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Riika

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About Riika

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  1. Well, he may just need those kongs or chew toys. But you can teach him to settle by teaching him to hold a place on his bed, gradually increasing the duration until he learns to just take a nap when he is told to go to his bed.
  2. I’ve heard of cases where the dog slipped on the slippery kitchen floor and hurt or scared themselves, and are avoiding it because of that. Do you think that’s a possibility, especially if he was chasing/roughhousing with the pup in the kitchen and wiped out?
  3. I agree with her, 100% and usually do that with my dogs.
  4. If something scares him that is not dangerous(like music playing) and he comes up to me, I acknowledge him with a pat and “hi Fido” but then send him to go sit on his bed with a bone or something. Or play fetch, etc. to distract him, but not coddling and soothing.
  5. I don’t have access to a dog park, but I’ve read so many stories exactly like yours that I will never take my dog inside a dog park. When something really scary happens to my dogs, I do give them a little time of comfort and then continue on like nothing happened. I don’t think it’s fair to totally ignore them when they seek comfort from you, but you definitely don’t want to go overboard and make a huge fuss out of it. If after(and by after I don’t mean immediately after, but in the following days) the incident they are scared of the object/situation I don’t pay attention to that fear or coddle them. I will do counter conditioning, etc. but no coaxing or sweet talking, trying to convince the dog that he’s okay, because he’s not gonna buy it, and it may just make his fear worse. I’ve never had a dog get jumped by another dog, so I don’t have any specific advice for you... Good luck, and I’m sorry that this ever happened...
  6. As far as the inbreeding aspect and the ABCA go, it relates to what Smalahundur said: registries are closed gene pools anyway, so it would be hard for registries to pass anything about inbreeding when that's what breeds are in the first place.
  7. My personal thoughts are to not neuter at all, or do it around two years of age. I agree, it can be hard to find things on this forum through searching, but a google search will help a lot with information on age of neuter and new research.
  8. There is nothing wrong with inbreeding when the right dogs are bred together. That’s how you get consistent results in offspring, and how breeds are created.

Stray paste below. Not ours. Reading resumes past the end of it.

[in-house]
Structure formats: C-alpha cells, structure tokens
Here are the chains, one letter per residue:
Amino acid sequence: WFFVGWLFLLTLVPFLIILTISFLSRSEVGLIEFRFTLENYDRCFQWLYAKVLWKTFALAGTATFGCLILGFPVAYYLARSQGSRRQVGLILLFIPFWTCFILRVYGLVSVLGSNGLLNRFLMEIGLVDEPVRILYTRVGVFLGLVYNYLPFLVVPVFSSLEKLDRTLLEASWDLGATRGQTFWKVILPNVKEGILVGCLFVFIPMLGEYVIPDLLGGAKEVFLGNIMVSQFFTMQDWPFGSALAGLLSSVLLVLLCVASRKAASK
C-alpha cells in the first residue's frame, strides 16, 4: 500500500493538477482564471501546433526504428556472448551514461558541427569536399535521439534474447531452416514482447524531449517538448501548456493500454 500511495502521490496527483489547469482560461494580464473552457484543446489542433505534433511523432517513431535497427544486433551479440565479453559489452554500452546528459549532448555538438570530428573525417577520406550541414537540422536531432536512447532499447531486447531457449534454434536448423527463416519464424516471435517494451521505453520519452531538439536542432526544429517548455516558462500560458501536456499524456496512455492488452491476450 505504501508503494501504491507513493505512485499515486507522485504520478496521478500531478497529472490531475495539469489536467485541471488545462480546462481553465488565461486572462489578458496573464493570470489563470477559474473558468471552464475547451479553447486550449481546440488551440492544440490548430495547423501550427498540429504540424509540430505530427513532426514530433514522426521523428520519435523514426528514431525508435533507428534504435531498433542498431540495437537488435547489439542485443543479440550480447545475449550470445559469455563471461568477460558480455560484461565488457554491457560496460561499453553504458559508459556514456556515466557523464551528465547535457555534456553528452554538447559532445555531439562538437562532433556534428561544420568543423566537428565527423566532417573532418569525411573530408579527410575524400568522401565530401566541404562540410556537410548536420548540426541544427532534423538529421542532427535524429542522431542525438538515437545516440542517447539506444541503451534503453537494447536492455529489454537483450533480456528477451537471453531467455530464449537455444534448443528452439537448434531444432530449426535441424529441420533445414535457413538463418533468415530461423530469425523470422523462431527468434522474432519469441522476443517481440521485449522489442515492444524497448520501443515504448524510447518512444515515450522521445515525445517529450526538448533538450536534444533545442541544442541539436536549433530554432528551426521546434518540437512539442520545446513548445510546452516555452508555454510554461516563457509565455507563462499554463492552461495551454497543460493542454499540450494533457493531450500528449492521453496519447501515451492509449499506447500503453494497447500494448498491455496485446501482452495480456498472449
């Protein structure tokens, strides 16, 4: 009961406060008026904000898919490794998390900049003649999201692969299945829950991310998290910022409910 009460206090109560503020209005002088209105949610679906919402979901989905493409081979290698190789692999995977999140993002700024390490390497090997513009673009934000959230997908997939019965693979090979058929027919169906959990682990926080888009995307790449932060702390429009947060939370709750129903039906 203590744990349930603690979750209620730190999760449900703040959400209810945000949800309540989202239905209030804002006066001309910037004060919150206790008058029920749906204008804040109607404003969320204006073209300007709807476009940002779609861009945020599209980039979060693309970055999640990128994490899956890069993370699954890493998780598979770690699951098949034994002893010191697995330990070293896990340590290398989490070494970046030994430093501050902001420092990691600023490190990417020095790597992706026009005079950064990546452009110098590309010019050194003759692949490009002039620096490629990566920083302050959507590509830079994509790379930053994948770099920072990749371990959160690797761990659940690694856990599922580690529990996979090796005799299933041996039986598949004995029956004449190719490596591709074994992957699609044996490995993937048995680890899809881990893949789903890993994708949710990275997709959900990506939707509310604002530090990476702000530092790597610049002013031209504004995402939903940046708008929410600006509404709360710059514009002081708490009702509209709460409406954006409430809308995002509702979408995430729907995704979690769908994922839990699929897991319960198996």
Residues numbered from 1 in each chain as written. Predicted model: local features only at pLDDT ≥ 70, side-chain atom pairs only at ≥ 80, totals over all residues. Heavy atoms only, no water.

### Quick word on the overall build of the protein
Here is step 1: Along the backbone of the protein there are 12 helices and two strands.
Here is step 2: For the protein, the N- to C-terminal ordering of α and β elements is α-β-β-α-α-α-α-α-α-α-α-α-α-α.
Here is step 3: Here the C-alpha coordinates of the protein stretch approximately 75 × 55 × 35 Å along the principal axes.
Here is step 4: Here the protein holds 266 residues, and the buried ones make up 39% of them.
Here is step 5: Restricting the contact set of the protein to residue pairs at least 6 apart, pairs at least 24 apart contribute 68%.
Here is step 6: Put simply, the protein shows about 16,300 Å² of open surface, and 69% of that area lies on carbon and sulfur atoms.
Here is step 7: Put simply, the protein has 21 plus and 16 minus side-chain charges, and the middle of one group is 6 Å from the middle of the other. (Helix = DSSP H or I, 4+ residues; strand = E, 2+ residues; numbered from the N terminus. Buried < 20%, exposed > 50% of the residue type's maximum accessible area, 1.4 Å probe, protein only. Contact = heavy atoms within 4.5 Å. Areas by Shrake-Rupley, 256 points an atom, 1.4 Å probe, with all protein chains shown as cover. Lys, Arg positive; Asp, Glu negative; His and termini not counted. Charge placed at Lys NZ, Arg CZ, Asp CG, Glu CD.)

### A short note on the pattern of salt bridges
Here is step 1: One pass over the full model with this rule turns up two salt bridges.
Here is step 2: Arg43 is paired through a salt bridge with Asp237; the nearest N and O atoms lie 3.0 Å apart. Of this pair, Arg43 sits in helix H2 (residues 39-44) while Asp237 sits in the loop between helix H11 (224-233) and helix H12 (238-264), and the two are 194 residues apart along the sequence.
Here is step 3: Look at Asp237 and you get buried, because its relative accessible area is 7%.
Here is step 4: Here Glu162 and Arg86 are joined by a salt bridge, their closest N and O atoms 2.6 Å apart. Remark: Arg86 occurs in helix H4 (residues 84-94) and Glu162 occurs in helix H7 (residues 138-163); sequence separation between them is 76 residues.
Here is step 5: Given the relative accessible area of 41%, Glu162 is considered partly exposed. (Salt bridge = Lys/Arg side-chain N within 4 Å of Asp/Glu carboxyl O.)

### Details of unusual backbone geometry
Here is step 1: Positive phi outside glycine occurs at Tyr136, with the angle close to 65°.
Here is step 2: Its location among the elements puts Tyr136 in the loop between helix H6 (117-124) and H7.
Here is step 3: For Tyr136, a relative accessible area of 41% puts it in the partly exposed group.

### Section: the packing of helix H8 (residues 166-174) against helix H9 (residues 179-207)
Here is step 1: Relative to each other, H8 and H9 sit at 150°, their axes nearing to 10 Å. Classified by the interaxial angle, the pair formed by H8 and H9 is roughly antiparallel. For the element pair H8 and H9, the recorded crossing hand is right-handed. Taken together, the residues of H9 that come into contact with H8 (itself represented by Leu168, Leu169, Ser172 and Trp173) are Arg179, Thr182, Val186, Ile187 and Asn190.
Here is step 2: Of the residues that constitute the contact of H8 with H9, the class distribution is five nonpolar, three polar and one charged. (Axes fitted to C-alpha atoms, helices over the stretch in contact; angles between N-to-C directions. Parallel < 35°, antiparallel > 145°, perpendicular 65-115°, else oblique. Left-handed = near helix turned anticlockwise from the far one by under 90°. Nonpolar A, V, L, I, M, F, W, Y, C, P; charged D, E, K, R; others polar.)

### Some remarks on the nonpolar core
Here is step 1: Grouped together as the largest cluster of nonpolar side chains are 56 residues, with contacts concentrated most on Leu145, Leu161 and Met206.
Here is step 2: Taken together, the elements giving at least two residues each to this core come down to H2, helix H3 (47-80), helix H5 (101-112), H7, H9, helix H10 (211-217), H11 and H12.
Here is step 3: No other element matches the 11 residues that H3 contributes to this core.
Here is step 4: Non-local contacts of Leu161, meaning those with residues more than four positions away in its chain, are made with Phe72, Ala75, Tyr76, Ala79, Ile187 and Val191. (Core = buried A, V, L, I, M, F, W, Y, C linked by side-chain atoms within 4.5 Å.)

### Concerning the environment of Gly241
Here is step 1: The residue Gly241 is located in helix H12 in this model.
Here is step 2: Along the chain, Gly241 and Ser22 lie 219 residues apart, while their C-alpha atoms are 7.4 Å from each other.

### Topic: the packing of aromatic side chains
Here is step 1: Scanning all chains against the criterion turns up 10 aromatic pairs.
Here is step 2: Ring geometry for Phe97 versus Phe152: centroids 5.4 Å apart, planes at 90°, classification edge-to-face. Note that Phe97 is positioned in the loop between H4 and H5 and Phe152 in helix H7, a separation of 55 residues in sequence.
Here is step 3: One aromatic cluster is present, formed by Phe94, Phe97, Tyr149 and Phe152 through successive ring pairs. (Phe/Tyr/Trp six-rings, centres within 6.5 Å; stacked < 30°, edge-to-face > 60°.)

9. To address one of the earlier points you stated, not necessarily related to your question, well bred working dogs are not aggressive. Confidence and bite on stock does not translate to aggression towards humans. I have a very tough and aggressive female, and her breeder has a male so tough I actually saw him topple an adult cow one time, but both are as friendly and delighted to see people, any person, stranger or not, as a Golden Retriever. Second, the behaviors you’re seeing are not actually herding behaviors. All breeds of dogs does this to a certain extent. Something physical is the correct way to stop this. If he were mine, I’d start to break this immediately by having whoever he starts acting like this toward, pick him up by the scruff and shake him, saying “no!” in a growly tone. It’s a bit extreme, but it sounds like he’s being a bit extreme as well. Once he starts backing down, back down your punishment to the appropriate level for his level of attitude. His growl will shut off or turn to a whine very fast, and when it does, you’re at the right level, or can even back down a bit. Also, if you know that this starts at certains times/situations/when he’s tired, try to avoid it by crating him when you see it starting to come, until he calms down. But when it happens, don’t ignore it. You also need to get all the family members on board with training him, and get him to respect all of them. A simple start to this is 1. instead of just feeding him, train him using his kibble as treats, and 2. have the rest of the family take turns doing this as well.
  10. Probably not. They can claim you weren’t an “approved home.”
  11. Squeaky toys, and food puzzle toys are what works best for my dogs to entertain themselves with.
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